Anyone who has studied, or is interested in, the topic of Quality Management will know that the field is awash with theories, standards and models. From the origins of TQM (Total Quality Management) in the days of Deming & Juran, through Crosby and Zero Defects, Ishikawa and Taguchi and on through the work of Tom Peters – hardly a year went by in the 70s and 80s without another ‘guru’ throwing their hat, and a few theories and models, into the ring.
How I use leadership models
Those who have read my work over the years or studied a leadership programme with Babington and The National Centre for Strategic Leadership will know that I’m not always a big fan of such models (and before I get a barrage of tweets on the subject; yes, I know I have one named after me. The Hard Girling Integrated Improvement Model though is about bringing together several other models and theories and integrating them to focus on driving continuous improvement within the organisation. That’s my story and I’m sticking to it).
The problem with using leadership models for quality management
To me, many models seem to be designed primarily to further the aims and serve the needs of the originator, who is often a consultant wanting to generate business, an academic wanting to be published or a guru wanting to build their reputation. Many are both useful and insightful and can be used to powerful effect by a leader in an organisation. A leader just needs to be careful not to slavishly follow a model or theory that isn’t entirely appropriate for their context or to miss out important facets or issues because a model didn’t include them.
Principles of quality management
With all that in mind, I offer these 7 principles of quality management for a contemporary leader:
- Quality management isn’t just about the product. For any leader at any level in any sector, there are stakeholders who need to be satisfied. They have a set of expectations that must be met. The job of a leader is to understand those needs, plan to meet them, identify the need for quality and engage the team in delivering the desired level of quality…. Whether it be of performance, service, support, outcome or product.
- Quality is a shared responsibility. It isn’t something that can be abdicated to a specific department, team or function even if they have ‘quality’ or ‘excellence’ in their title. As a leader, your job is to meet the expectations of your stakeholders, whether you’re managing internal or external influences. That means processes, service-levels, people and product/output must be of the necessary ‘quality’. These all come under manager responsibilities.
- Quality requires teamwork. That means your team need to work together effectively to meet expectations and probably need to collaborate effectively with other people and teams too. Collaboration in the workplace or ‘cross-border’ working is the way of the 21st century, not tribalism.
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4. You and your people need to know when you’ve got it ‘right’. That means you and they need to be crystal clear on what ‘good enough’ looks like, in everything. In many ways, this is much easier with a tangible product, where things like specifications give clear indications. In service, it can much more of a ‘grey area’, especially regarding the ‘implied needs’ of a stakeholder. Unless people can tell what good looks like, how can they deliver it? Make it clear.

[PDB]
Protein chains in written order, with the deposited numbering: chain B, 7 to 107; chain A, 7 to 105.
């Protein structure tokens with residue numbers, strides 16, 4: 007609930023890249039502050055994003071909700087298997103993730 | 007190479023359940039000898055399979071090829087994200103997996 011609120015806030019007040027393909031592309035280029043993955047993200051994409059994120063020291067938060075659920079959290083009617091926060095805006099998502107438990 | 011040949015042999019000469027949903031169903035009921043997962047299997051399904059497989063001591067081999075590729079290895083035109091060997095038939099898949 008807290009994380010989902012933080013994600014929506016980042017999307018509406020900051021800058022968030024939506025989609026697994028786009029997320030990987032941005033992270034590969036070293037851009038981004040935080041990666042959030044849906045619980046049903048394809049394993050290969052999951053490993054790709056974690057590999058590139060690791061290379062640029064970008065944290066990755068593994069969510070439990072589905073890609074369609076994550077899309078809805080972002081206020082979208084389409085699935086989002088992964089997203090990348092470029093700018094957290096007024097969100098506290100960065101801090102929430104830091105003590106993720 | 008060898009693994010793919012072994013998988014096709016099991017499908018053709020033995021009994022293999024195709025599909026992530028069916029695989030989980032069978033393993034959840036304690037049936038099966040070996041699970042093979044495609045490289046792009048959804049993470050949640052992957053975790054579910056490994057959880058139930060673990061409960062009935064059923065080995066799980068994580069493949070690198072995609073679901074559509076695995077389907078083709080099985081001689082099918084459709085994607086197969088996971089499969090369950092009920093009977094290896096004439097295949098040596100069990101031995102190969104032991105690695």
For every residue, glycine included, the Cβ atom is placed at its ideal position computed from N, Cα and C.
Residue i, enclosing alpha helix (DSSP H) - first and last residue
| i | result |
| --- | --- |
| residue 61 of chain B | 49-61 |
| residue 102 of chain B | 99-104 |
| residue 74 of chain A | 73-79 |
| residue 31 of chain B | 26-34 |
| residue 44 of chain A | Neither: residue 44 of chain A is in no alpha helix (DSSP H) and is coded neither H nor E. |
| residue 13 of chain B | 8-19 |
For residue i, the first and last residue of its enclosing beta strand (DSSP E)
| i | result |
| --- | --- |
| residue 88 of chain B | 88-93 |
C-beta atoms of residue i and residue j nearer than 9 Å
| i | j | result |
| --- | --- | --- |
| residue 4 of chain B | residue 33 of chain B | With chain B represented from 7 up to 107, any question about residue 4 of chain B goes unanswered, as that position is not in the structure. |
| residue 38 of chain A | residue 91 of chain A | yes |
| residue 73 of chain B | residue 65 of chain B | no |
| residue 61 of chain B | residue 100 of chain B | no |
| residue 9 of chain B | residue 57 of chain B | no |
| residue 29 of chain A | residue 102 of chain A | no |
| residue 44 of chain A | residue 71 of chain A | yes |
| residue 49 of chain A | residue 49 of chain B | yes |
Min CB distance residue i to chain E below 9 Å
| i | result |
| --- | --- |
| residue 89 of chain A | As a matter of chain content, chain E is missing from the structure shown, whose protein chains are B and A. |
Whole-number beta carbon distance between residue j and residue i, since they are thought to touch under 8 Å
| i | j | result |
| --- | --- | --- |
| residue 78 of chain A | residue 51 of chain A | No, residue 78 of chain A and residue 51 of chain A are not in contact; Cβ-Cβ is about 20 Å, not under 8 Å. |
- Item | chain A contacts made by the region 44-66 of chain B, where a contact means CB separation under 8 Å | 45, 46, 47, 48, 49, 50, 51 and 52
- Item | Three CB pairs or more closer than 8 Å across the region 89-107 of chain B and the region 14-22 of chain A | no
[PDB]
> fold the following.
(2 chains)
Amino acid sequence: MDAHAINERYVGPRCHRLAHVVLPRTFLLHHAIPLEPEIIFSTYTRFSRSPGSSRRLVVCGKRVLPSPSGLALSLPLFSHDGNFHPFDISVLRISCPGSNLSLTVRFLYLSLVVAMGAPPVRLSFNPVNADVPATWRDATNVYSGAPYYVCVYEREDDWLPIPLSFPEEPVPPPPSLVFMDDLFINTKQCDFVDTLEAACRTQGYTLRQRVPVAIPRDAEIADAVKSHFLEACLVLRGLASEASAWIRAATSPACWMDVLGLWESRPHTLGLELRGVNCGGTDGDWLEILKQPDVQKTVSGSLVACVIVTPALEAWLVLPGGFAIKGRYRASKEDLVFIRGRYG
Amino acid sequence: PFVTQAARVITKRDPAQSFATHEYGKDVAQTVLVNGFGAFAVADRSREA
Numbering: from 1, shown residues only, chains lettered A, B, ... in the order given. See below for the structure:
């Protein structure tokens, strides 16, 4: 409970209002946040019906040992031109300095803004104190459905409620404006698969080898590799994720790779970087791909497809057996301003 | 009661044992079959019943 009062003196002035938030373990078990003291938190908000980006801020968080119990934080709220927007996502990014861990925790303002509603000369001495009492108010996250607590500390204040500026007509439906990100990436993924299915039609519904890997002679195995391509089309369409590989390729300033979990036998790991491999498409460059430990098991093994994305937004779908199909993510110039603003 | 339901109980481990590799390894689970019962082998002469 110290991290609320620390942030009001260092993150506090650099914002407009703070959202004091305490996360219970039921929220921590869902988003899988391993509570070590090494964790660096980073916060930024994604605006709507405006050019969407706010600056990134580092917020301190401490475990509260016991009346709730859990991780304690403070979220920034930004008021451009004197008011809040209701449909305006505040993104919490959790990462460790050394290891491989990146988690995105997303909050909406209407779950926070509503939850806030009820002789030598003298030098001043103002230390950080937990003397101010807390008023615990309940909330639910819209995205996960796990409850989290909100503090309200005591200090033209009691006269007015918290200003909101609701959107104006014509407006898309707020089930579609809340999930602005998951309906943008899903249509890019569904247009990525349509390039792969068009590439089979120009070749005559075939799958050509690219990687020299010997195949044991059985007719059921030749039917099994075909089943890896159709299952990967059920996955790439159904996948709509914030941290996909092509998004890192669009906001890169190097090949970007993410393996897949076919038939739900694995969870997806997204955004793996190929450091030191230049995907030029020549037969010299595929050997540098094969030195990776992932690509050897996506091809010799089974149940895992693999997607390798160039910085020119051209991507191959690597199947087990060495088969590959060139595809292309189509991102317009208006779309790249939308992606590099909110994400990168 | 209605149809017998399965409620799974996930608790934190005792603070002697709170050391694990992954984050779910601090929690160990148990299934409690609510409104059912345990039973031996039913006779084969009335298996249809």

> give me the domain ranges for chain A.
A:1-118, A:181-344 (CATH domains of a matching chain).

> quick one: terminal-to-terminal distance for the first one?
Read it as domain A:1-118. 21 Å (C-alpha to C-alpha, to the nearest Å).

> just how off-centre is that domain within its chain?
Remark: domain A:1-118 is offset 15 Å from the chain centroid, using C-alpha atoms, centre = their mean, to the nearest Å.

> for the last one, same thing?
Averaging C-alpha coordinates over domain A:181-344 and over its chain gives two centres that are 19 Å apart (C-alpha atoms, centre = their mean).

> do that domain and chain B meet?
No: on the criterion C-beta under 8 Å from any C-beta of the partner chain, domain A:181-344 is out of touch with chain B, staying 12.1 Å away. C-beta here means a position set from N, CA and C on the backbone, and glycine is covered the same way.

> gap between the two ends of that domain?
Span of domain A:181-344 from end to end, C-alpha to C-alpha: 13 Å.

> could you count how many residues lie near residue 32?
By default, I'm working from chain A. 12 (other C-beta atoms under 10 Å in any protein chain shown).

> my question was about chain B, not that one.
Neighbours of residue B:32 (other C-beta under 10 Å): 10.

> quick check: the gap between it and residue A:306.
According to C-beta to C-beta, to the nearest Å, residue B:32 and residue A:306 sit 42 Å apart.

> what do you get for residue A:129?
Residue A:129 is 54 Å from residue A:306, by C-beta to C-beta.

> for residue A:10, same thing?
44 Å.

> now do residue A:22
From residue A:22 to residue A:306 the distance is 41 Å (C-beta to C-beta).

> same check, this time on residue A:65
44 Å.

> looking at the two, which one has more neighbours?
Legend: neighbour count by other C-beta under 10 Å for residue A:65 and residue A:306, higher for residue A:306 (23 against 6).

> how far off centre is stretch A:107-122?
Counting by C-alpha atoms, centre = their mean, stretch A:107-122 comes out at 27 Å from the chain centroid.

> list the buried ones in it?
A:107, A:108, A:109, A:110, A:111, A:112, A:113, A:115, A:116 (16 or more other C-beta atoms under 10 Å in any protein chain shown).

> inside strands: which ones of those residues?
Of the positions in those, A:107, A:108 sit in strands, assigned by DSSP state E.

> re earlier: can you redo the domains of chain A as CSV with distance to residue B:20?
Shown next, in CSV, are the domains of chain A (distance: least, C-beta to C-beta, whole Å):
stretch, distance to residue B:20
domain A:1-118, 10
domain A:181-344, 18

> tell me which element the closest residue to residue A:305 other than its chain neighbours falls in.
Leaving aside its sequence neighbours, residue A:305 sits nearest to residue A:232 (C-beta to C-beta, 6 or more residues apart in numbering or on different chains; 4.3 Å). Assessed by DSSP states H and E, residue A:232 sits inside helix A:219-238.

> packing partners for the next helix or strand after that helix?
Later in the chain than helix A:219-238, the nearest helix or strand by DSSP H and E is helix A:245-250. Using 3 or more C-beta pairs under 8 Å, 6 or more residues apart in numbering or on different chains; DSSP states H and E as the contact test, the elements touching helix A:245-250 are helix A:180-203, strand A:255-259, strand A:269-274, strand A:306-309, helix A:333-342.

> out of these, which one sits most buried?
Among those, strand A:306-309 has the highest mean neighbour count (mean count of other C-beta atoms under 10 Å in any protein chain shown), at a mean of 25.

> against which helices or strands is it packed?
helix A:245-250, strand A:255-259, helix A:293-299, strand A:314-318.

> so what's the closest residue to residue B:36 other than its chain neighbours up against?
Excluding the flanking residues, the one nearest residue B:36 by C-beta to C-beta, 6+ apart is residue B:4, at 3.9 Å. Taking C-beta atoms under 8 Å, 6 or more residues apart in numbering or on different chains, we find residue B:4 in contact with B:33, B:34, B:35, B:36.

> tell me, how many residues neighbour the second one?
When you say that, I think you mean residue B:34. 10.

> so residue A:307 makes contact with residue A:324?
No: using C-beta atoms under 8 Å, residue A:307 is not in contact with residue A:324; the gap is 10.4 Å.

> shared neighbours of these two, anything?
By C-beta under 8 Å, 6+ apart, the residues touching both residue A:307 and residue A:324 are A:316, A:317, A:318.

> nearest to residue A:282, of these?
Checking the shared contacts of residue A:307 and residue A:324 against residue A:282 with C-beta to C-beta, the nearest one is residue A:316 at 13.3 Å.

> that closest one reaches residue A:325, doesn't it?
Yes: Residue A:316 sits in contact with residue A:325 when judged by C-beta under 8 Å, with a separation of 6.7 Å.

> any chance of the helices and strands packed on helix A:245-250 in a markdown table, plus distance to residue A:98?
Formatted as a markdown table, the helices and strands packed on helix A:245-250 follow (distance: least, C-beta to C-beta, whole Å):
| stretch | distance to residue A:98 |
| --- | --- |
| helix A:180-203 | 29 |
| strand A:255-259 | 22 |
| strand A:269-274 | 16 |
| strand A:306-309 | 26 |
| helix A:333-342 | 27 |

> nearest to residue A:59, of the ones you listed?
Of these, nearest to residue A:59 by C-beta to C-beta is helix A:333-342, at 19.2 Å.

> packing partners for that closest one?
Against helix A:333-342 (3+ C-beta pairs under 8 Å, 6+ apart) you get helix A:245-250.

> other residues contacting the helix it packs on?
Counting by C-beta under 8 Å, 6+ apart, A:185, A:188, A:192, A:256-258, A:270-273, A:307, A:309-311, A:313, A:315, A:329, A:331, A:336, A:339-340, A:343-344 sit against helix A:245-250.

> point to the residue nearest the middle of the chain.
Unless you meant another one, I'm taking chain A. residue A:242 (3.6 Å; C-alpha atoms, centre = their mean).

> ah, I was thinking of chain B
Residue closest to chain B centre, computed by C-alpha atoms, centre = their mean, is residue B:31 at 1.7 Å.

5. It’s a supply chain thing. More than ever these days, we realise that we stand or fall through the work and capabilities of so many others that operate in what we now think of as the ‘supply chain’. That means that people like suppliers of product and service and those who serve us – internally or externally – play a key role in our ability to deliver ‘quality’. We need to engage with them and make our needs clear too.
6. It’s usually the ‘implied needs’ that catch us out. The legal and contractual definition of quality talks about ‘…the ability to meet stated and implied needs’. It’s always hard to be really clear about the ‘implied needs’ of a stakeholder because they aren’t often clear about them either. If they were, they might well become ‘stated needs’ instead. As such, the implied needs tend to be less obvious, unspoken and nothing directly to do with the core product or service. Few stakeholders will specify, for example, how they should be dealt with on the phone or in a meeting. All will, however, soon have an opinion about whether the response or attitude of someone is acceptable or not. Think this through and talk about it, a lot.
7. Stakeholders are not created equal and their importance shifts. All of us have stakeholders that can make or break us. All have others that only assume importance at certain times or under certain circumstances. Some only really matter if something goes wrong. Others are quite important all the time. It varies, but you need to be sure you understand which ones matter, why and when. You need to ensure your team understand this too and know when to escalate or diminish the prominence of each stakeholder so that you can prioritise and allocate resources where they are most needed at any point.
There are many leadership models to consider
Please don’t think of this list as an exhaustive or complete one. Take all of Bill Deming’s seminal ‘14 points’ into account and consider other models which may be prevalent or insightful in your context. This is a big, important and sometimes intangible issue. Delivering quality and meeting the needs and expectations of stakeholders is a very big deal for any leader. It may even be the primary way your performance and your effectiveness as a team is judged.
Give it the time you need to understand, evaluate, plan, train and encourage team communication.